Photo by Scott Blake on Unsplash

Total Open Station 0.4 release

This article was originally published on the Total Open Station website at https://tops.iosa.it/

After two years of slow development, I took the opportunity of some days off to finally release version 0.4, that was already available in beta since 2017.

No open bugs were left and this release is mature enough to hit the repositories.

Find it on PyPI at https://pypi.python.org/pypi/totalopenstation as usual.

Windows users, please note that the TOPS-on-a-USB-stick version will have to wait a few days more, but the beta version is equally functional.

What’s new in Total Open Station 0.4

The new version brings read support for 4 new formats:

  • Carlson RW5
  • Leica GSI
  • Sokkia SDR33
  • Zeiss R5

Other input formats were improved, most notably Nikon RAW.

DXF output was improved, even though the default template is not very useful since it is based on an old need from the time when TOPS was developed day to day on archaeological excavations.

The work behind these new formats is in part by the new contributor to the project, Damien Gaignon (find him as @psolyca on GitHub), who submitted a lot of other code and started helping with project maintenance as well. I am very happy to have Damien onboard and since my usage of TOPS is almost at zero, it’s very likely that I will hand over the development in the near future.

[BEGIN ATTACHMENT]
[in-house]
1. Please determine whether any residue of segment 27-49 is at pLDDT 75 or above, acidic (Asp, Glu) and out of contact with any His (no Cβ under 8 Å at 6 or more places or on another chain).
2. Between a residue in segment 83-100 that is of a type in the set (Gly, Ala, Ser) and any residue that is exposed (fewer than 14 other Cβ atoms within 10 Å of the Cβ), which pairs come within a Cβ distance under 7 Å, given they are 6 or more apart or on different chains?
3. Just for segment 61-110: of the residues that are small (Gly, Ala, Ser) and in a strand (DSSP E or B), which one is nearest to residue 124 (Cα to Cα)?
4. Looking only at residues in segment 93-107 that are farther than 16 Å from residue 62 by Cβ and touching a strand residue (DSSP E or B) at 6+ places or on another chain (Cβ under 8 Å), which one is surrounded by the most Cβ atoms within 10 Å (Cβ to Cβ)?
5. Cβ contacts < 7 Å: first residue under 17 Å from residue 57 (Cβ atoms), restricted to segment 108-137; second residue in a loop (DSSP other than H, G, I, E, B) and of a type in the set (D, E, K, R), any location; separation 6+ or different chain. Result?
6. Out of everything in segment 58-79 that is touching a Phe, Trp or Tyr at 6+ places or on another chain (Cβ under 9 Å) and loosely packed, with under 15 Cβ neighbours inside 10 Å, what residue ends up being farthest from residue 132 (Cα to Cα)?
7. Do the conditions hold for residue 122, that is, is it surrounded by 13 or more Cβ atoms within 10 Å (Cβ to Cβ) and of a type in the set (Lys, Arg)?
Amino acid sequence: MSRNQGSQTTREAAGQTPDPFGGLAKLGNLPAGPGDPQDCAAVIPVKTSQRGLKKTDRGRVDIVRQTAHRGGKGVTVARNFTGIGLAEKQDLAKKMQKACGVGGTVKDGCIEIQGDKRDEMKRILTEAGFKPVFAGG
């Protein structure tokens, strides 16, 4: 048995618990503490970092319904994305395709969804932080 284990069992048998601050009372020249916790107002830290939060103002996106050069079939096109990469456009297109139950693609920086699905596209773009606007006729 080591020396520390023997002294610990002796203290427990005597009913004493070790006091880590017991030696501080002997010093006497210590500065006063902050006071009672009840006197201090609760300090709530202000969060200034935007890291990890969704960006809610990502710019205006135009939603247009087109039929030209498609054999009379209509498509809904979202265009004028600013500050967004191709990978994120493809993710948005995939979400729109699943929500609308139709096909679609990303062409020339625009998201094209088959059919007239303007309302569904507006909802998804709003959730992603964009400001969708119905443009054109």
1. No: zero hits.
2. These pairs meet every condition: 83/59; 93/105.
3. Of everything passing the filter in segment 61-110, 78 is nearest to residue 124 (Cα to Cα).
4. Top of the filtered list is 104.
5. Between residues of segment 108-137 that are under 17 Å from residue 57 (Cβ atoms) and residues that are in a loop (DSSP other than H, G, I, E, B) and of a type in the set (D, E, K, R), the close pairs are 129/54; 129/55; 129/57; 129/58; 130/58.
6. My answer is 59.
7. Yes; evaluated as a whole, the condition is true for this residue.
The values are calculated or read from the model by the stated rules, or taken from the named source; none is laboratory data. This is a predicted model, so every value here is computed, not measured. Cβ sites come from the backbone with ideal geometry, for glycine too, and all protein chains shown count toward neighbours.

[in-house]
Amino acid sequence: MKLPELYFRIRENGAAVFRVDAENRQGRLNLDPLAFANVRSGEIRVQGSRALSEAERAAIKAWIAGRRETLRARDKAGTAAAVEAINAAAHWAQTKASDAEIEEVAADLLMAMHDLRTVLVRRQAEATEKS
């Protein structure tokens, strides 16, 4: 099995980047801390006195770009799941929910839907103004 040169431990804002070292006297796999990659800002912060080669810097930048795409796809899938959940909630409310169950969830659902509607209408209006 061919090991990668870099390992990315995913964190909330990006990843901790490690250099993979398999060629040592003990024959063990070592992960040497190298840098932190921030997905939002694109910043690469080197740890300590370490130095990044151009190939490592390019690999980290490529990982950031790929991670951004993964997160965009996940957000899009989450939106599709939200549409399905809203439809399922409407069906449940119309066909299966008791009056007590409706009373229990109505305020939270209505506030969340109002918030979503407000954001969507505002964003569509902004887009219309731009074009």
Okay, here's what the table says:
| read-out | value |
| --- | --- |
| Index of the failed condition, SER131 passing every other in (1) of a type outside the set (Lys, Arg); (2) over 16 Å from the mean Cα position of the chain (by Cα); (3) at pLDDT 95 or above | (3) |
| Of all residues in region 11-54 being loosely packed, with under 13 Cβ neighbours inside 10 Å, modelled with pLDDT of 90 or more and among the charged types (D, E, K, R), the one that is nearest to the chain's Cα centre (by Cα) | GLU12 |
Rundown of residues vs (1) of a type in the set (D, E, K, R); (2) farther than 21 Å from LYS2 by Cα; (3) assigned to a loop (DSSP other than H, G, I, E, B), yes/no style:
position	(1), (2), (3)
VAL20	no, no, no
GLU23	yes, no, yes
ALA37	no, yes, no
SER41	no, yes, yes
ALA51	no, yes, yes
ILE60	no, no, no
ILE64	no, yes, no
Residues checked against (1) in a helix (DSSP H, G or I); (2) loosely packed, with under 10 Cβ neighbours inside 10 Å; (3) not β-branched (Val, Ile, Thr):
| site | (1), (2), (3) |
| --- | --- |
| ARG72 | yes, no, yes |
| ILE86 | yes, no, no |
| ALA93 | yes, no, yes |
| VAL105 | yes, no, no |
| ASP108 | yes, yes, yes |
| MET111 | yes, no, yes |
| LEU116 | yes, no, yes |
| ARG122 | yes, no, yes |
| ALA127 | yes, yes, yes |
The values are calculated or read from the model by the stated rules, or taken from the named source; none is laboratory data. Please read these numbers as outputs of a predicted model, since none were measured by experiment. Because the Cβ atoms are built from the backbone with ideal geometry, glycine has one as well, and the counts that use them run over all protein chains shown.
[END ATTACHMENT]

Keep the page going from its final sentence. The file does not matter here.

The internal data structures for handling the conversion between input and output formats are completely new, and based on the Python GeoInterface abstraction offered by the pygeoif library. This allows going beyond single points to managing lines and polygons, even though no such feature is available at the moment. If you often record linear or polygonal features that you’re manually joining in the post-processing stage, think about helping TOPS development and you could get DXF or Shapefiles with the geometries ready to use (yes, Shapefile output is on our plans, too).

There were many bugfixes, more than 100 commits, 64 by Damien Gaignon and 52 by myself (to be honest, many of my own commits are just merges!).

This version is the last built on Python 2, and work is already ongoing towards a new version that will be based on Python 3: a more mature codebase will mean a better program, without any visible drastic change.

Photo by Scott Blake on Unsplash

Pubblicato da

Stefano Costa

Archaeologist, I study the Late Antique and Early Medieval/Byzantine period on the northern side of the Mediterranean, focusing on pottery usage patterns. I'm also involved in open source and open knowledge communities, like OSGeo, the IOSA project and the Open Knowledge Foundation.

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